Class, Skill & Growth

I've been poking at a few concepts while working on the Starbound material, and one thing that's slowly coming to light is that, in some odd way, I'm not happy with class-based systems for RPGs anymore. For years, I've liked the way in which classes fit close to archetypes, which I've considered valuable for setting tone and style for fantasy campaigns. I'm starting to change my mind to the alternate - skills-based.

I've come across this concept in two places recently; comparing the class systems in most MMOs with the skills system in EVE Online, and looking at series of science fiction and fantasy novels. I've discussed the former a bit here, but I've been thinking about the latter since. Long series - not just trilogies, but quintets, decalogies, and the neverending polyology of Robert Jordan's Wheel of Time - are becoming ordinary, even expected, in sf literature. I was rather surprised to find, a few weeks ago, that Dan Simmons' Olympos, the sequel to Iliad, was as far as it went - two books, no more.

But the fantasy series have a tendency to get dull after a bit. Characters grow in power, and suddenly you need bigger and bigger challenges, and once they've dealt with gods, things get a bit lost. Science fiction doesn't seem to suffer from this - Weber's Honor Harrington books are still moving along at a good clip despite his lead character's rise in power and influence, and the Miles Vorkosigan series by Lois McMaster Bujold likewise. The difference, as far as I can see it, is that the increase in power is inherent in the fantasy characters - they're more powerful spellcasters, vastly more able fighters, or what-have-you, whereas the science fiction characters are just more experienced, and maybe have access to better equipment. That seems to map directly in my mind to the class/skill divide.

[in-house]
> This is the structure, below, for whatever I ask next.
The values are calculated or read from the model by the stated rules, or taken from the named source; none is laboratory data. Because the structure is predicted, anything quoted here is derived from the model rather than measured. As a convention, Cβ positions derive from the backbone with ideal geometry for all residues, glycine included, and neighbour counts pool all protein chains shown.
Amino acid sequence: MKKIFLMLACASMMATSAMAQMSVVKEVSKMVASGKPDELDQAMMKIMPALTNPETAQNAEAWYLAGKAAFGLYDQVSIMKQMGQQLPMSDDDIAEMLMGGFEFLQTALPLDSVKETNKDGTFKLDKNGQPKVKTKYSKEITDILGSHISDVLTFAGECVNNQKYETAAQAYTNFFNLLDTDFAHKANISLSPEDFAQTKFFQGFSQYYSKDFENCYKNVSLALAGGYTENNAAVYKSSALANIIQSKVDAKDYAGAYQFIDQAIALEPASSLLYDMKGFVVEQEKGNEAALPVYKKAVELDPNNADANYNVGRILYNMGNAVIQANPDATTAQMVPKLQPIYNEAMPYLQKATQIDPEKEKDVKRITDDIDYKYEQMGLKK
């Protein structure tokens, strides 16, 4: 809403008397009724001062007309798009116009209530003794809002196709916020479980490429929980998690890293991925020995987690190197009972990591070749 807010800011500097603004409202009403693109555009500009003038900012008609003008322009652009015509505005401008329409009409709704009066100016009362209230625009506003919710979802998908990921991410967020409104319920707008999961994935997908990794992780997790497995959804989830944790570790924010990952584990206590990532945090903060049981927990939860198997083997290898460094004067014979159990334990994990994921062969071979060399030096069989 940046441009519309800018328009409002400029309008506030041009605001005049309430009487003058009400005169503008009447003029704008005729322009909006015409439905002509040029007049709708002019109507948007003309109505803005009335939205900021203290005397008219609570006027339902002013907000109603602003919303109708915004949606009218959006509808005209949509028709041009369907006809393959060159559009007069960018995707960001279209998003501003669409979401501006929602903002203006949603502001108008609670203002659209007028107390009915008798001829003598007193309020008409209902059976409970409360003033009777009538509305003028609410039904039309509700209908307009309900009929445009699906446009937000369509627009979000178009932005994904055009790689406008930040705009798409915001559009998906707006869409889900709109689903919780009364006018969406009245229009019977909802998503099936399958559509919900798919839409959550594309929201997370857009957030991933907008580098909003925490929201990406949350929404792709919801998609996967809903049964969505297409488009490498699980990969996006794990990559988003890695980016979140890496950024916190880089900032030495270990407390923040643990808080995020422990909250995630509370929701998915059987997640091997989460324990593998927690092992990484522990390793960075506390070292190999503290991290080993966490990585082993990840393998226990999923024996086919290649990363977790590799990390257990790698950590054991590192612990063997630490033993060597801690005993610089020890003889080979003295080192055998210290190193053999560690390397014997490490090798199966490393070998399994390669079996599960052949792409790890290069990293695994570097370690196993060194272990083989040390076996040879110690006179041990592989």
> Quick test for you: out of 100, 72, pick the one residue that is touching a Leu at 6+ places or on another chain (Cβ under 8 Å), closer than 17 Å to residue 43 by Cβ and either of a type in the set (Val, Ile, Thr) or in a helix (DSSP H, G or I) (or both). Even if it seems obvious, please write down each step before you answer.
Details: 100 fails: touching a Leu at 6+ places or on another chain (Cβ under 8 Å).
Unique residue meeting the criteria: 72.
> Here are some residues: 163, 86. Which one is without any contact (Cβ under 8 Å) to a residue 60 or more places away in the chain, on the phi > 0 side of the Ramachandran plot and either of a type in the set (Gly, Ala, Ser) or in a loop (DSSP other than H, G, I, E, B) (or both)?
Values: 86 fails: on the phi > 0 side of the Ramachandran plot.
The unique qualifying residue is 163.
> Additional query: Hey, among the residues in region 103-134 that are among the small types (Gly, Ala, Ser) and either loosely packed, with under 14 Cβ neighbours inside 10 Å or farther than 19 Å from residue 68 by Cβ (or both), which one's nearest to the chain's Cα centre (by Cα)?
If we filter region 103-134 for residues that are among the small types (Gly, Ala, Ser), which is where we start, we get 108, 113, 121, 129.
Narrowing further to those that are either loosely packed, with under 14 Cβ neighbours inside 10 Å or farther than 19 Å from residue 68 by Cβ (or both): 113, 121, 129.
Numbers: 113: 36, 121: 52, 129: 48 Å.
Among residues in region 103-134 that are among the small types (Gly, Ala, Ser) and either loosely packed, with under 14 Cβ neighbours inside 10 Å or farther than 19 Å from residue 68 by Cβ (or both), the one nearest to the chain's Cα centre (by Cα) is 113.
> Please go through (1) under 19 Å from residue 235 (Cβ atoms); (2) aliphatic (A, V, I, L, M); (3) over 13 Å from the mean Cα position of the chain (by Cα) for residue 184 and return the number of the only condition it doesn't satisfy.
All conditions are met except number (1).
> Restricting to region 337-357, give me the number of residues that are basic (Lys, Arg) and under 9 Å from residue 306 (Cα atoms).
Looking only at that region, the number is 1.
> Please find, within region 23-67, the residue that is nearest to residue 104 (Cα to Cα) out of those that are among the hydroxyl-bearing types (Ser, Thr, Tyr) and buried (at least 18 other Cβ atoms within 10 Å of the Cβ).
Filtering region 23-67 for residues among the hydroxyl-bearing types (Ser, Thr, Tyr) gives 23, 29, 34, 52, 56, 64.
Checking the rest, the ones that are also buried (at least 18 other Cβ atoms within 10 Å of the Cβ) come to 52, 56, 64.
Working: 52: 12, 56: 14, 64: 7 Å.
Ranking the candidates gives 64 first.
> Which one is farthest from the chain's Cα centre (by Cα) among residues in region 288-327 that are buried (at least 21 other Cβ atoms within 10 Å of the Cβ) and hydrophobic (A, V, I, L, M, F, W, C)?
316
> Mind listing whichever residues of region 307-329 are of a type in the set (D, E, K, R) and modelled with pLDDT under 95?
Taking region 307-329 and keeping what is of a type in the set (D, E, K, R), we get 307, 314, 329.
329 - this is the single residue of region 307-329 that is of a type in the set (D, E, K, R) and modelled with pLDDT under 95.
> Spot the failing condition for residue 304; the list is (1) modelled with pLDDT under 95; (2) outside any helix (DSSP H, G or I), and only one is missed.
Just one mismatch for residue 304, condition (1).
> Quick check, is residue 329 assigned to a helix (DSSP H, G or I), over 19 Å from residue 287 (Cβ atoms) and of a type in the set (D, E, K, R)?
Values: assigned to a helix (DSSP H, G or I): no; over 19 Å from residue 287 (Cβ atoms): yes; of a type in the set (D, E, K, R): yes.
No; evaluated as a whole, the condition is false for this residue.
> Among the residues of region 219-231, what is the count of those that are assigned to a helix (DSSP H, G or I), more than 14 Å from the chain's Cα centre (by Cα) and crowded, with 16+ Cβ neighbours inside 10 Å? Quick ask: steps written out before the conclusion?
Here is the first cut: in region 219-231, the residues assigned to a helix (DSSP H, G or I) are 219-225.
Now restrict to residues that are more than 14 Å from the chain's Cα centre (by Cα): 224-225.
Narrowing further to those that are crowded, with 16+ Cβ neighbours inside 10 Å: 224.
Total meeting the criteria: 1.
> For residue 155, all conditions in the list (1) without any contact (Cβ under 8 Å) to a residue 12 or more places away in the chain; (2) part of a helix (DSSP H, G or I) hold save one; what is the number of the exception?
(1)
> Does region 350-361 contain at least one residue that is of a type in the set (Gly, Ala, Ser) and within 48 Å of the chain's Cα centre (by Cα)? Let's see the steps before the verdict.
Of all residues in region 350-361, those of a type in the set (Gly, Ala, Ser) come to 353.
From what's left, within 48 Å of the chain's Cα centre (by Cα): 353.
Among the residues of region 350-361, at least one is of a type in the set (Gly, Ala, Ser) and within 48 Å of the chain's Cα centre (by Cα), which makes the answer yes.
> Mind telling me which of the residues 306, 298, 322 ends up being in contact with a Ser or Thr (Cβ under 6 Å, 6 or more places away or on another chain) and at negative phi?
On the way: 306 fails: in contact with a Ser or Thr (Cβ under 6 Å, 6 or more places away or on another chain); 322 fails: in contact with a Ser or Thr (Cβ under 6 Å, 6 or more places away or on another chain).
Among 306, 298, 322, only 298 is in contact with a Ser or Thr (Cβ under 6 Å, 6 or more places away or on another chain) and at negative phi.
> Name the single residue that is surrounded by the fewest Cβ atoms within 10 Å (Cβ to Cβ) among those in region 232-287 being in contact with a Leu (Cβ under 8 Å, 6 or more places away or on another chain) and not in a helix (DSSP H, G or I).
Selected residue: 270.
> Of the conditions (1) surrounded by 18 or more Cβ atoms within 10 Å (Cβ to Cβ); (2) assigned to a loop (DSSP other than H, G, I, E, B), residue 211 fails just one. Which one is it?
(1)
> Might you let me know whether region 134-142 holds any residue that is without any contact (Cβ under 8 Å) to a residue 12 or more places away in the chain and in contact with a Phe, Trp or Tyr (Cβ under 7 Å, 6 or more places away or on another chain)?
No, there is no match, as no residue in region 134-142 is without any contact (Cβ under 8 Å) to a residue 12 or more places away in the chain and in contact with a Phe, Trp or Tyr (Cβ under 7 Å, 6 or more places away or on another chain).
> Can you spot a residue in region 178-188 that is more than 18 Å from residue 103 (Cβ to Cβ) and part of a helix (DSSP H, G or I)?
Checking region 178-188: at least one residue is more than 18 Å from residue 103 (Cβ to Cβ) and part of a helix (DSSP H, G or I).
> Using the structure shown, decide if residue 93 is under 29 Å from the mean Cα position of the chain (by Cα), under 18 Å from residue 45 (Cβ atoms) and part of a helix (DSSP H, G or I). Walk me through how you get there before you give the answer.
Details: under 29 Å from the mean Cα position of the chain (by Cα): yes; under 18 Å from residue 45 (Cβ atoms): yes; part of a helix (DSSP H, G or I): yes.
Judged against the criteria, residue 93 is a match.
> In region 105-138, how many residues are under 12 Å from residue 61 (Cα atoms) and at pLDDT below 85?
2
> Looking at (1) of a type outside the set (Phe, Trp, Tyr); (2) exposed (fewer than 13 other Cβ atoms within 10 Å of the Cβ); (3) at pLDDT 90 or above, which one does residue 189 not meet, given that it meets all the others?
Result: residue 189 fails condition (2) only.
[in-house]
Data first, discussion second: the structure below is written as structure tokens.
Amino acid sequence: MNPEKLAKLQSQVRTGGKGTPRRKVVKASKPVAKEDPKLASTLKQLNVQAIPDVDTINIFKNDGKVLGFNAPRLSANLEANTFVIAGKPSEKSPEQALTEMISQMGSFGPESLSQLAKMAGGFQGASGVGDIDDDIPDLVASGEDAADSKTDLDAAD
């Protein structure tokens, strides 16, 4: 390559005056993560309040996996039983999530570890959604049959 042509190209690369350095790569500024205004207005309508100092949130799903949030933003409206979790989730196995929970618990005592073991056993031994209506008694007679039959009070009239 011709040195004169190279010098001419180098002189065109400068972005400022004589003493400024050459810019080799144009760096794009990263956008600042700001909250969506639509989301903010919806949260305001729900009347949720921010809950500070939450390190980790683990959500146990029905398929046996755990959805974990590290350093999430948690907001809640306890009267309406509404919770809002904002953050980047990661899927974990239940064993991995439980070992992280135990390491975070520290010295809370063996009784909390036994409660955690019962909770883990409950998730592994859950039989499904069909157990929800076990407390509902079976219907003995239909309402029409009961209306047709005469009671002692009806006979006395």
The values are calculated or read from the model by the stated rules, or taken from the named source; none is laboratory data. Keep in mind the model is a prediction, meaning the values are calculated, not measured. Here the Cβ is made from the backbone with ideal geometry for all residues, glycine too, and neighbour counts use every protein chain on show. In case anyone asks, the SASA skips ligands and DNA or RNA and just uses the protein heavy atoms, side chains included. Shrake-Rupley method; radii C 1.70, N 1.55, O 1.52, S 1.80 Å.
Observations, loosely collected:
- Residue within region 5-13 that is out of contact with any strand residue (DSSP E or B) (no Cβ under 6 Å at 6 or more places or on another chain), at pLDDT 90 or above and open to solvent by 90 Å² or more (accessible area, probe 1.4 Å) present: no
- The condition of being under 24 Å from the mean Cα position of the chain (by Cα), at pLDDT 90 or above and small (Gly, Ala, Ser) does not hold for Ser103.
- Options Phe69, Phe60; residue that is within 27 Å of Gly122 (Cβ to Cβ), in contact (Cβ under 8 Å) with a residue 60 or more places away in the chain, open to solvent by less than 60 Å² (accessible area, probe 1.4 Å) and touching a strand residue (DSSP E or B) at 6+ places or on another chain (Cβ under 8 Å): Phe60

So I'm on the verge of having Starbound's RPG arm run as a skill-based system, rather than class, and I'm considering applying this to fantasy games in the more distant future as well.

Posted by Drew Shiel at February 7, 2006 11:57 AM

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I'd say that the difference is that in space opera there are an infinife number of spaceships around. So in every book Honor Harrington goes from being in charge of 10^n spaceships to being in charge of 10^(n+1) spaceships, and she never runs out of spaceships. Fantasy novels tend to be set on small parts of individual worlds with finite numbers of orcs, unicorns, and gods. I'd say the limit to the fantasy power curve has a lot more to do with the limited size of the world rather than whether the source of power is the characters' magical powers, or their gadgets, or the armies under their command.

Posted by: at February 11, 2006 6:34 PM